There was debate, there was discusssion, yet curiously people overlook that the result was announced before the votes were counted. Look at Washington state declaring the result of a postal ballot before they could have possibly received the votes, or Tennessee declaring the result 11 minutes after the polls closed. Add to that the way Romney should never have been the candidate because of fraud in Maine and Ohio.

      • Rhoda Klapp

        The general view on US elections is that both sides cheat and it balances out. I know of no neutral source which I would trust to divine the truth. I think there was no lack of debate though. Two endless years of it.

        • eeore


          But the point you appear to be missing is that the country is run by the military industrial complex, the president has the right – in law – to kill who he likes – and has drawn up a kill list, the federal government has recently bought the equivalent of 2 1/2 bullets for every citizen, increasingly journalists are pointing to the way in which the news is controlled by the CIA (among others), and now they are declaring election results before they could have possibly counted the votes (leave aside the issue that more than half the electorate didn’t vote which according to your logic would make the election invalid).

          But yeah! Both sides cheat…. so?…. meh… what’s on TV? It don’t matter.

          Which is the problem with your smug apathy. If you can’t be bothered to be to vote, then you don’t have a right to complain when they just ignore you and follow the US model of rigging the election. Anymore than you can blithely claim that the PPC is illegimate, when you just accepted the police chief they forced on you before whether you liked them or not.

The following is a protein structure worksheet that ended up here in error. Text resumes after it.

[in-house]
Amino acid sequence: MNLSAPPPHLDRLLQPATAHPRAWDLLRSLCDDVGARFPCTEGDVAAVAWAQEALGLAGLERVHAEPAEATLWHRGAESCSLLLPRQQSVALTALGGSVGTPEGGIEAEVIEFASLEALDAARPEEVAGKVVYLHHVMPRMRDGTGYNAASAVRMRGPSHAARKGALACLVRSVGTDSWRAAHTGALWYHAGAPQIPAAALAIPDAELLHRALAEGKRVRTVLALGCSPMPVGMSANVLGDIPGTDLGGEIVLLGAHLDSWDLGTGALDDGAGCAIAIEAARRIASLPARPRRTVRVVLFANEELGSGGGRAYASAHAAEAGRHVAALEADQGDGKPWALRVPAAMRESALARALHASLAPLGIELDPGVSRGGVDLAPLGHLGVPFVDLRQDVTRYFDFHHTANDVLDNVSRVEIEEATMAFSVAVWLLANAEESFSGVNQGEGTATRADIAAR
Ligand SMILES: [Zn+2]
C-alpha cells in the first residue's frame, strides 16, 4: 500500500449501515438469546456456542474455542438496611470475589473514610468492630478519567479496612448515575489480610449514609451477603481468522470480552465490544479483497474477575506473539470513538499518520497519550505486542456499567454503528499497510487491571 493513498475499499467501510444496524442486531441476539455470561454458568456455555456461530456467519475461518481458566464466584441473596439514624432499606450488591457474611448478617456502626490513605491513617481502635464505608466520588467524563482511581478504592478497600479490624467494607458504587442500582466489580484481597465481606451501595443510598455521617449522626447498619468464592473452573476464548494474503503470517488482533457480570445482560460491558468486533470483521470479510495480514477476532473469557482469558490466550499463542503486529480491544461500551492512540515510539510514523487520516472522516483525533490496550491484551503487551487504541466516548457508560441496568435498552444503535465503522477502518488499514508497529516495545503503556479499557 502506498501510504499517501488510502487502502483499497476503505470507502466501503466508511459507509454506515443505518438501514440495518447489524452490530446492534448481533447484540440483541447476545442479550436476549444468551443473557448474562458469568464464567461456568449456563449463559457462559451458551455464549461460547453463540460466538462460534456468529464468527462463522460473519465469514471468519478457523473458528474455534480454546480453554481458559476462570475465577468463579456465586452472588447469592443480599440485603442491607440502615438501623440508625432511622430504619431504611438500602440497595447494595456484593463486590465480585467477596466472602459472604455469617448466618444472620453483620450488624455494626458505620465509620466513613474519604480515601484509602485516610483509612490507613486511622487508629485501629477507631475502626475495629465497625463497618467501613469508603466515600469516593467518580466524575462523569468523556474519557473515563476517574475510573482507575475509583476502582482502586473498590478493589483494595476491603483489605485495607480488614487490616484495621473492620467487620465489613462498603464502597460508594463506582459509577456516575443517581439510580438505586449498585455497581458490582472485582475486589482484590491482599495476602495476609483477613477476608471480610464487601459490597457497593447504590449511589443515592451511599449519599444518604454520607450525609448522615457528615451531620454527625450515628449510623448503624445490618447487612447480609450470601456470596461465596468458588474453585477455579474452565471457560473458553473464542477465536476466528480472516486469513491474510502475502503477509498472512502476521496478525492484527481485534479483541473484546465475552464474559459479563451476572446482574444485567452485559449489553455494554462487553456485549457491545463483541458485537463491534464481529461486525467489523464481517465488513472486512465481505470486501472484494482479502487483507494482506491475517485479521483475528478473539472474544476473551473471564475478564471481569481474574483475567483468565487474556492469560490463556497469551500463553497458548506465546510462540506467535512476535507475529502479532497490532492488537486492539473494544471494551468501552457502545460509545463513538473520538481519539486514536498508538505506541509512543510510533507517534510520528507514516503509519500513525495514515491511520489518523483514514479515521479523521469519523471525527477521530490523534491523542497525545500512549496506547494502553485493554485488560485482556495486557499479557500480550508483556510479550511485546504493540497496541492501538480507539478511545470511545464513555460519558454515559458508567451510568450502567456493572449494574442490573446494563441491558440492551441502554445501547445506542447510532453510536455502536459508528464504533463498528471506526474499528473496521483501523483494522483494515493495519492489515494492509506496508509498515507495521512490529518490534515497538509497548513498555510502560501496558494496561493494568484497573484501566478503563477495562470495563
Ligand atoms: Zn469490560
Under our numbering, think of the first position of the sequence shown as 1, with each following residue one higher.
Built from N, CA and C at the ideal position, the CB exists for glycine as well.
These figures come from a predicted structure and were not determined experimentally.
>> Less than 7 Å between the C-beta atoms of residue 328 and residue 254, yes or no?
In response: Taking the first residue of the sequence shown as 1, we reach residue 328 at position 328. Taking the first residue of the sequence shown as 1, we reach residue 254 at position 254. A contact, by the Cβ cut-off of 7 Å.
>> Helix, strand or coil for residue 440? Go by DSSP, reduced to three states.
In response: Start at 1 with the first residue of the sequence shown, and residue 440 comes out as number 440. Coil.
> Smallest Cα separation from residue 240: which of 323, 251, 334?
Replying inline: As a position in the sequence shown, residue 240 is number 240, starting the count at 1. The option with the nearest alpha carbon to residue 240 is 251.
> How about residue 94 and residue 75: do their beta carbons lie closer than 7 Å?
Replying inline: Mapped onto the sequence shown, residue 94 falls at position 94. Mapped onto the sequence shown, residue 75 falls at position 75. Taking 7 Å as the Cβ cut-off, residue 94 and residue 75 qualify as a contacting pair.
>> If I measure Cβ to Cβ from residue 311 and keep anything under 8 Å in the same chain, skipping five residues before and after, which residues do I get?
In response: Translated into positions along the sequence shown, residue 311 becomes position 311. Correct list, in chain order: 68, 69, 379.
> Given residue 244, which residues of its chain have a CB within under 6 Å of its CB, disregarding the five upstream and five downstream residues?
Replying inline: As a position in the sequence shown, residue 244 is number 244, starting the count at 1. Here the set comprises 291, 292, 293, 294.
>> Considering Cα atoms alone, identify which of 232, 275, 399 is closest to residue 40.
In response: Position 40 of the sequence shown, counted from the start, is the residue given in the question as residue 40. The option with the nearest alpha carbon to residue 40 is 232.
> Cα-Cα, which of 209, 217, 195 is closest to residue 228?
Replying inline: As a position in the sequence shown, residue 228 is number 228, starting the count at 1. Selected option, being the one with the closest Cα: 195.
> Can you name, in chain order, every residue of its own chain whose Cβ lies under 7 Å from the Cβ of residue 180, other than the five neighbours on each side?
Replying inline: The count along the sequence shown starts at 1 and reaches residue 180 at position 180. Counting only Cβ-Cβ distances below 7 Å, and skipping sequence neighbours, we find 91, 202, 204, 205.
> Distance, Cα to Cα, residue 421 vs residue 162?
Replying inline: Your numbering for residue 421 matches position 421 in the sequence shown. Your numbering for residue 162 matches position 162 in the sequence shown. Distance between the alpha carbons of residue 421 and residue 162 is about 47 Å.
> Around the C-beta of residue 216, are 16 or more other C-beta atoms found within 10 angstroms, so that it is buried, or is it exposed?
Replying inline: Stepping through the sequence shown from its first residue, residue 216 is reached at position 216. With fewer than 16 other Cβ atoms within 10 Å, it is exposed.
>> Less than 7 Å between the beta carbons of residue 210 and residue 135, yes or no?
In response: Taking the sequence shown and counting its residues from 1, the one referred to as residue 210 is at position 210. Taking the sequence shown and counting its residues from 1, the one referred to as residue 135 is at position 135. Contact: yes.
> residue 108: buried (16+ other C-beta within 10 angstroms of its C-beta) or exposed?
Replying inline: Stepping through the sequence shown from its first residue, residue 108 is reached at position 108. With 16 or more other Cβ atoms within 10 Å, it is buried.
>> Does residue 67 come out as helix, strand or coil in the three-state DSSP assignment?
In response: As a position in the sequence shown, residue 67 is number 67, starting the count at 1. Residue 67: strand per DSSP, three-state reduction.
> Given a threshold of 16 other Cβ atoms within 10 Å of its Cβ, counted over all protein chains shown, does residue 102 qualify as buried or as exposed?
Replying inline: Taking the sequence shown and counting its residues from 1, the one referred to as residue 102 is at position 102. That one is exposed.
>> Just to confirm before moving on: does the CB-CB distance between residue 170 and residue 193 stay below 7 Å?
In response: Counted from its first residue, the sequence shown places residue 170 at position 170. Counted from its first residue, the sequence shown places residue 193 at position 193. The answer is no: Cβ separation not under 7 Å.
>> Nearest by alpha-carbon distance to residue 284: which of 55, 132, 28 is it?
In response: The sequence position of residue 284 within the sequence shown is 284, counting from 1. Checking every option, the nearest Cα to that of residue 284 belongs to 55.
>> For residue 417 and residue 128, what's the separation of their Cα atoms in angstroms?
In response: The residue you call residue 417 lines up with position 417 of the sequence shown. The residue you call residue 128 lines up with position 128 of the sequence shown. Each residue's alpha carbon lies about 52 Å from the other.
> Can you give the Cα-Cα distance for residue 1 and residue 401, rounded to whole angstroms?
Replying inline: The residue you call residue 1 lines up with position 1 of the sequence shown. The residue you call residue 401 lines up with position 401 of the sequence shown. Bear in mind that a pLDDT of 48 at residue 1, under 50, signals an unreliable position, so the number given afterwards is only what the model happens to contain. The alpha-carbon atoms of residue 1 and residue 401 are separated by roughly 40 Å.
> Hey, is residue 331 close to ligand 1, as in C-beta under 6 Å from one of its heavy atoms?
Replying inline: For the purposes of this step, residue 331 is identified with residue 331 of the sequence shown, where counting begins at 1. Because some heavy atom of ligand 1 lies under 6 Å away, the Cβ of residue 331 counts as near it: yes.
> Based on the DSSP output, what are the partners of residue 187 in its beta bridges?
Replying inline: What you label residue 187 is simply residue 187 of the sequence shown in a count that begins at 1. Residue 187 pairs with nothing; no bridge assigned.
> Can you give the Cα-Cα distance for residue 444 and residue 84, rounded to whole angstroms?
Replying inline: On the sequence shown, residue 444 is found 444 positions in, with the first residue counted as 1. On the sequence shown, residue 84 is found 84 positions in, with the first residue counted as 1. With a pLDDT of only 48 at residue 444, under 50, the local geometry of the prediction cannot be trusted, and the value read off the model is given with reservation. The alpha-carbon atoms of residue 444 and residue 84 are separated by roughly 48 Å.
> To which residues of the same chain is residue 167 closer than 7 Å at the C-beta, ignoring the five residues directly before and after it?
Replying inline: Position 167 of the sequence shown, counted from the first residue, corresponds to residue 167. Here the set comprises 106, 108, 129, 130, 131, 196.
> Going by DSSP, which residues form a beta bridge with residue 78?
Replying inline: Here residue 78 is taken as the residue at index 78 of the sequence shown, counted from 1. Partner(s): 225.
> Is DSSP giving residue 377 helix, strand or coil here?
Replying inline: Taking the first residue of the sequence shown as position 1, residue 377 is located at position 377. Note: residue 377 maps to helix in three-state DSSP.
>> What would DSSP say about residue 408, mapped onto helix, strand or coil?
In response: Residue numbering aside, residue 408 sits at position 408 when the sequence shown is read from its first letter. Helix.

• eeore

    Think of it as an experiment into the theory that you can effect change by not voting.

  • itdoesntaddup

    Now will the political strategists stop fighting over the 1.5% of the population that is LGBT, and consider the NOTAs?

  • Vulture

    Real elections, as opposed to this Police nonsense, which people have rightly refused to support, are what should worry the Coalition: In Manchester Central the Tories lost their deposit, scoring a miserable 754 votes, just five ahead of UKIP. The Lib Dems appear to have disappeared completely.
    One dreads to think what Corby will bring. Well, I don’t actually: I’m hoping that it will bring complete humiliation for Dave, George Nick and their disastrous policies. And hasten the day when we will see the back of them – even if that means another Labour Government they could hardly be worse.

    • dalai guevara

      Careful what you wish for – taking a Labour win as the lesser of two evils is outright perilous. Observe the interet rates rise even faster then – some posters on here must be gaging for the screening of ‘Auf Wiedersehen Pet’ the sequel.